What Are the Levels of Behavioral Health Care?

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behavioral health

Mental health and addiction are two struggles the Silver State knows well. And this is why behavioral health care services are so important. Just recently, Renown welcomed the new Stacie Mathewson Behavioral Health & Addiction Institute, which hopes to expand access to prevention and intervention services. Institute administrator Dr. Kristen Davis-Coelho offers insights about the levels of behavioral care.

First, let’s talk a little bit about the institute. Why do we need this here?

For the third straight year, Nevada ranked 51st in the nation according to Mental Health America’s 2019 State of Mental Health Report. Nevada has the highest prevalence of mental illness and substance use, combined with limited access to treatment and also a shortage of care providers. That’s why this new institute is so important.

The institute will expand community access to prevention and intervention services for mental health disorders and addiction. It will work toward decreasing the stigma surrounding these conditions and encouraging more people to seek treatment.

Just as we see with other chronic conditions such as asthma and diabetes, patients who receive treatment greatly improve. Studies have shown treatment resulting in an 80 percent improvement for patients with bipolar disorder; 70 percent improvement for major depression, panic disorder, OCD; and 60 improvement for patients with schizophrenia. These numbers show just how critical seeking care can be.

Talk about the different levels of behavioral health care and what resources patients have.

Just as with any medical condition, behavioral health and addiction treatment offers different levels of care based on the individual patient. At our new facility at 85 Kirman Avenue, we offer a variety of services based on a patient’s need.

On the second floor, we offer group, individual and couples therapy. We also provide medication management and evaluations and psychological testing.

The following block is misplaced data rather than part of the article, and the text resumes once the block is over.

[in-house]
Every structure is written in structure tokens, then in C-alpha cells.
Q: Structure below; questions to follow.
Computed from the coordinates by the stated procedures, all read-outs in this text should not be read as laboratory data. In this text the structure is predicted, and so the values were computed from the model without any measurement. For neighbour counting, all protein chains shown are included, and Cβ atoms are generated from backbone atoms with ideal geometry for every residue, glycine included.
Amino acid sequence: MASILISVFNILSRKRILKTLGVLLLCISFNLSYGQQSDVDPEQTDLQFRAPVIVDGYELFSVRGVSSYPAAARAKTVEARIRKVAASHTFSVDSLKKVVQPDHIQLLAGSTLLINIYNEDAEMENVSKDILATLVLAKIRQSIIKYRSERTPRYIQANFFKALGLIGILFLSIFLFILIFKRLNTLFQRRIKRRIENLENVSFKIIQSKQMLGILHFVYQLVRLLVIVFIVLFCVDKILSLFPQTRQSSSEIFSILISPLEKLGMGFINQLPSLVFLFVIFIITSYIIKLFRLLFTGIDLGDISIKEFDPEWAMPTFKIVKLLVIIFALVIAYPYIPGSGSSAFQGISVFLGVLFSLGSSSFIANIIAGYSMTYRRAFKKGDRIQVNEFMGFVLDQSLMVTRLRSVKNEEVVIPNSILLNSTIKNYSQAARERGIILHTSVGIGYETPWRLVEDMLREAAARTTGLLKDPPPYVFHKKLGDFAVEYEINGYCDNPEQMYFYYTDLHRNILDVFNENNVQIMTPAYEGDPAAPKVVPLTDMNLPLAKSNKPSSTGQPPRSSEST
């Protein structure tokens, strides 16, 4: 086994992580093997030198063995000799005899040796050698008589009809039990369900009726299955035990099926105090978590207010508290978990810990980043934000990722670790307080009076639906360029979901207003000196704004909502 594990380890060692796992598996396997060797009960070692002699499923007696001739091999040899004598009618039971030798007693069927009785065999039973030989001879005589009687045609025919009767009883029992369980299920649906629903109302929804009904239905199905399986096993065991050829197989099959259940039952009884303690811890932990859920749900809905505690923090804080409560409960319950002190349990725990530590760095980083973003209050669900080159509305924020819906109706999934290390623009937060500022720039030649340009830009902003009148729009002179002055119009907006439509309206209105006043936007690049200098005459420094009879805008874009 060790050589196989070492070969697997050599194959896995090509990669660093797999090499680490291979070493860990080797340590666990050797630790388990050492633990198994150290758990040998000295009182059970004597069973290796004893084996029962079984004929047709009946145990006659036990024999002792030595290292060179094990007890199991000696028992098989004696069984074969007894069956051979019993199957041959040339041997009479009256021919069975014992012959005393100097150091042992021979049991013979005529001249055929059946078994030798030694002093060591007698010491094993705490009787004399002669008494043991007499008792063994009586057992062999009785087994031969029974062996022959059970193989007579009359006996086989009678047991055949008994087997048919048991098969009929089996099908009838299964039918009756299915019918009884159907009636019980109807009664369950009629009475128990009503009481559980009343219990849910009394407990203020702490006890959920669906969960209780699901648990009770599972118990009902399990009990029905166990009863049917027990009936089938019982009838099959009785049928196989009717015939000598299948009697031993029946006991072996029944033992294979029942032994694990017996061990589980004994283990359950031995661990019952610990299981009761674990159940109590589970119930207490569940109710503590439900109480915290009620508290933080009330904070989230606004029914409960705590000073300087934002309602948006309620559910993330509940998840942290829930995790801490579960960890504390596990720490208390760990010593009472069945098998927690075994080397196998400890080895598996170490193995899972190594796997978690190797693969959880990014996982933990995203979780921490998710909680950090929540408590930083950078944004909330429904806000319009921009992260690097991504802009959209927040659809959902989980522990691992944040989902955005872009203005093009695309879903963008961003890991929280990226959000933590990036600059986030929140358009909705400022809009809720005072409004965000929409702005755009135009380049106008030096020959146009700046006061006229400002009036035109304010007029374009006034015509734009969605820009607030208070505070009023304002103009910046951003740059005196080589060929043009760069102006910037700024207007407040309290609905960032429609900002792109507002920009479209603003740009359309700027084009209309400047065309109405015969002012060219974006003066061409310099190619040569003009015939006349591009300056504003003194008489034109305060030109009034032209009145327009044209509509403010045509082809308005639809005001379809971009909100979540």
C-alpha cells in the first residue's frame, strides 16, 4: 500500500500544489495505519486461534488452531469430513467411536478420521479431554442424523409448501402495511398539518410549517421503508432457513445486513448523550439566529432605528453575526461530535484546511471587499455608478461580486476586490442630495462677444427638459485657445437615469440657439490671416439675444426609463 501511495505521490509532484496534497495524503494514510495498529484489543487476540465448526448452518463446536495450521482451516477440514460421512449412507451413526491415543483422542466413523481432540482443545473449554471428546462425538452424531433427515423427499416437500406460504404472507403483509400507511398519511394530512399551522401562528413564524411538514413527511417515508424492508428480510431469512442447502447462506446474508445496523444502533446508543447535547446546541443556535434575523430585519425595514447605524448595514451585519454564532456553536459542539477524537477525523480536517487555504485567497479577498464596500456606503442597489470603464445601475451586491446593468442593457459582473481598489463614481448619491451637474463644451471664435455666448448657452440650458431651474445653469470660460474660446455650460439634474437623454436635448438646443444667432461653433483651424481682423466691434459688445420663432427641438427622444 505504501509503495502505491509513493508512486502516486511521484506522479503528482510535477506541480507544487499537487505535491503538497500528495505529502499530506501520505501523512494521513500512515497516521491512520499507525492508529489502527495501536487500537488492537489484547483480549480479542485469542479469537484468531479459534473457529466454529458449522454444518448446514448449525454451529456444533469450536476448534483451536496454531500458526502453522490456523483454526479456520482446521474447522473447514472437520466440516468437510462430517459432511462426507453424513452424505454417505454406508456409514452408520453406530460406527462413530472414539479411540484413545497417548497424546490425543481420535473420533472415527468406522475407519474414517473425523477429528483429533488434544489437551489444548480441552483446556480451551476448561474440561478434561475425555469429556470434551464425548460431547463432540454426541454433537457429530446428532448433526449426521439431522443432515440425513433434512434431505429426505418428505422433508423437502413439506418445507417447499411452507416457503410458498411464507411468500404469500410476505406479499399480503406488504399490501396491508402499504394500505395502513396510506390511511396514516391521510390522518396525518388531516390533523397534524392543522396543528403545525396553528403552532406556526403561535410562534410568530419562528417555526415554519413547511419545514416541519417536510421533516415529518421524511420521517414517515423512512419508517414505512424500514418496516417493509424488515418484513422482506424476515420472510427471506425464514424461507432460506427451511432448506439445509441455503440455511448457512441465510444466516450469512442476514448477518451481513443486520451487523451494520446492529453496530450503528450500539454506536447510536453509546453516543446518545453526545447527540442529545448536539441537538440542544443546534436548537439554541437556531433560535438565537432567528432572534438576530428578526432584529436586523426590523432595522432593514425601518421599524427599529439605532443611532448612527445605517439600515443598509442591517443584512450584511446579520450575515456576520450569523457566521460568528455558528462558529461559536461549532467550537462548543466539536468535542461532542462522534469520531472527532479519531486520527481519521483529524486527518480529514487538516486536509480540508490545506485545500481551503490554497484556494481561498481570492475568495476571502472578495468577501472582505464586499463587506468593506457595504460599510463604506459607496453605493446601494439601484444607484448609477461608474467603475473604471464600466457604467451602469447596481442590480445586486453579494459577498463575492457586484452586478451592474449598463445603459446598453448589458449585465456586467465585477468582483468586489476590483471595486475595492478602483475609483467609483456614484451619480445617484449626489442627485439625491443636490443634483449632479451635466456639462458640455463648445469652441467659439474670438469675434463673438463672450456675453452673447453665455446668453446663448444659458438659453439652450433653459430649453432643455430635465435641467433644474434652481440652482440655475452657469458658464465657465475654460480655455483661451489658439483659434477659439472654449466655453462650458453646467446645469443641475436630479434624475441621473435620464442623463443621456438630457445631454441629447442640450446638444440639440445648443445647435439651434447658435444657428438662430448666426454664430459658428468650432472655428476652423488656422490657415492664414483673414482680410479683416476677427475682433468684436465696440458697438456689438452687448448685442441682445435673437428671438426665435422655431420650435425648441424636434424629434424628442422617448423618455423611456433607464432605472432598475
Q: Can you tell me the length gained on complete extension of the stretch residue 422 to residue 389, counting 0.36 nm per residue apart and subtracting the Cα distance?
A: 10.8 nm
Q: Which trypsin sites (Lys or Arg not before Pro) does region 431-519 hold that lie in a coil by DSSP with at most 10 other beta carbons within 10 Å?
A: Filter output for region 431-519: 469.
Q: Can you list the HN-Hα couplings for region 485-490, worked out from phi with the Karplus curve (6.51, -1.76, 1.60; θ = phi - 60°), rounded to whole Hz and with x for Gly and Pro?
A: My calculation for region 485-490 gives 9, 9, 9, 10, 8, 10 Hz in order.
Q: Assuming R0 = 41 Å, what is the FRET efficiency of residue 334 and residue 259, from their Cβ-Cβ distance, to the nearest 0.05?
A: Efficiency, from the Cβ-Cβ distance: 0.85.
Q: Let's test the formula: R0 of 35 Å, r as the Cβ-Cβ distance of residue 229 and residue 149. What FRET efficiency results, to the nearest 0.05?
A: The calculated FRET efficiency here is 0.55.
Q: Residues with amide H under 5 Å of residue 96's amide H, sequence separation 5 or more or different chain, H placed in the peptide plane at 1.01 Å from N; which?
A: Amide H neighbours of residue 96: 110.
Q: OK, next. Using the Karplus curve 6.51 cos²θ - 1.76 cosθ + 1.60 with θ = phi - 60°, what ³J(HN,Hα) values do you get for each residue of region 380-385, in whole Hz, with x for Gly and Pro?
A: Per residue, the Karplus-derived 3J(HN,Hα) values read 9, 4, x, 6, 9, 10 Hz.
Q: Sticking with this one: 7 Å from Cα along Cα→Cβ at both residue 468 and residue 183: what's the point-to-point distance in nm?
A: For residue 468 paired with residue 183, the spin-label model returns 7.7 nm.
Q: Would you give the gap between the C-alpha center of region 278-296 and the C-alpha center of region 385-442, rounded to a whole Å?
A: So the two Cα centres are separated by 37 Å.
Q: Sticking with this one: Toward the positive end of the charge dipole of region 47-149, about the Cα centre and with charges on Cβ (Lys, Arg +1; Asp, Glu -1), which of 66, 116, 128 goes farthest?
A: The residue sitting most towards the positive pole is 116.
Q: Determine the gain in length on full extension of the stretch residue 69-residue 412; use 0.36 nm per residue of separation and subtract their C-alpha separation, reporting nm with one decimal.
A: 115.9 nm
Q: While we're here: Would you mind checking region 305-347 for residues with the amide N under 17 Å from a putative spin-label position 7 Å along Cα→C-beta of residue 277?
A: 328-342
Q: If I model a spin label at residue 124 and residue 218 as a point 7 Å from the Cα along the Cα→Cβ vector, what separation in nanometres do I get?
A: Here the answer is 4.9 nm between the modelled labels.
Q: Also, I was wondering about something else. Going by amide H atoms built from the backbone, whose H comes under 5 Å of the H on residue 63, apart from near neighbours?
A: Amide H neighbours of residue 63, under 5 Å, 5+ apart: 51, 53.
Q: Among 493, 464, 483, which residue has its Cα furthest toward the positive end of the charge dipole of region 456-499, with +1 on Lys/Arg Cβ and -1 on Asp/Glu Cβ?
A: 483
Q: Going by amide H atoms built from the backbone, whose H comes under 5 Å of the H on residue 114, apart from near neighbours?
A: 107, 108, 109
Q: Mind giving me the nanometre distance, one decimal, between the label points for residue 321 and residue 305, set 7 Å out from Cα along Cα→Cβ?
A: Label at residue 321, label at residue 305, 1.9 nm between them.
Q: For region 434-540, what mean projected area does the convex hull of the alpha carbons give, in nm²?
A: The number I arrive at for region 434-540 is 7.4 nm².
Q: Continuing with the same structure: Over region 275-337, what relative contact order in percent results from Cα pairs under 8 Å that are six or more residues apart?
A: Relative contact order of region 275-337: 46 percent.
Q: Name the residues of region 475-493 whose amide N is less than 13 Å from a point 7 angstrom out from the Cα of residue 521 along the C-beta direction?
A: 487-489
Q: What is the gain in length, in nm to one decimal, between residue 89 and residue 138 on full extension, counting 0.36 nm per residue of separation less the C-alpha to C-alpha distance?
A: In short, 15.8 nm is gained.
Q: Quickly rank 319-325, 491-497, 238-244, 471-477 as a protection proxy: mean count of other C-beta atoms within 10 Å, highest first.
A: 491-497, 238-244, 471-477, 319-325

On the first floor, we have partial hospitalization and intensive outpatient treatment. Intensive outpatient treatment is office-based therapy totaling nine hours per week offered during the day and at night to fit patient needs. Partial hospitalization is also office-based therapy that totals 25 hours per week.

This allows patients to receive care outside of the hospital and practice the skills they learn at home each night.

We also offer medication-assisted treatment which includes prescriptions that aid recovery by decreasing addiction cravings.

How can a loved one or family member know when to seek professional care? What about hospitalization?

When a person is struggling with a mood issue, anxiety, behavioral problems, or addiction, they typically try to solve it first using their own strengths and resources; often this is effective. But if they and their loved ones find that hasn’t worked, or the problem keeps coming back, that’s the time to find professional support. If it’s affecting the person’s ability to function in their life – work, school, relationships – that’s also a sign it may be time for professional help.

An individual and their family should consider hospitalization if the individual isn’t safe in some way – because they may commit suicide, hurt another person, or are making such risky choices that they’re likely to be harmed. In this situation, the hospital is the best place for a person to be kept safe while they get immediate help. However, if the person is struggling intensely but isn’t an immediate danger to themselves or others, then intensive outpatient treatment or a partial hospitalization program may be right for them.

Renown Behavioral Health | 775-982-5318

Newly remodeled facility treats:

      • Depression and anxiety
      • Alcohol and substance abuse
      • Bipolar and obsessive-compulsion disorders
      • Eating disorders
      • Chronic pain
      • Post-traumatic stress
      • Schizophrenia and other psychiatric diagnoses
      • Physical and/or sexual abuse
      • Life issues related to grief, stress, relationships, work, chronic disease or anger management

Learn About Our ServicesA Look Inside the Institute

 

1 COMMENT

  1. I like how you mentioned how a family can get involved when it comes to seeking help when it comes to dealing with various mental issues especially when depression comes into play--as depression is one of the most important and prevalent mental illnesses today and it can be a majorly disruptive thing when it comes to daily living. Another thing to keep in mind is that those who are affected should consider checking themselves in but at the same time asking for help from family members shouldn't be too hard to do since they're there to help the afflicted family member. If I had a chance to work for psychiatric care, I would want the patients to feel comfortable while talking about their mental health issues.

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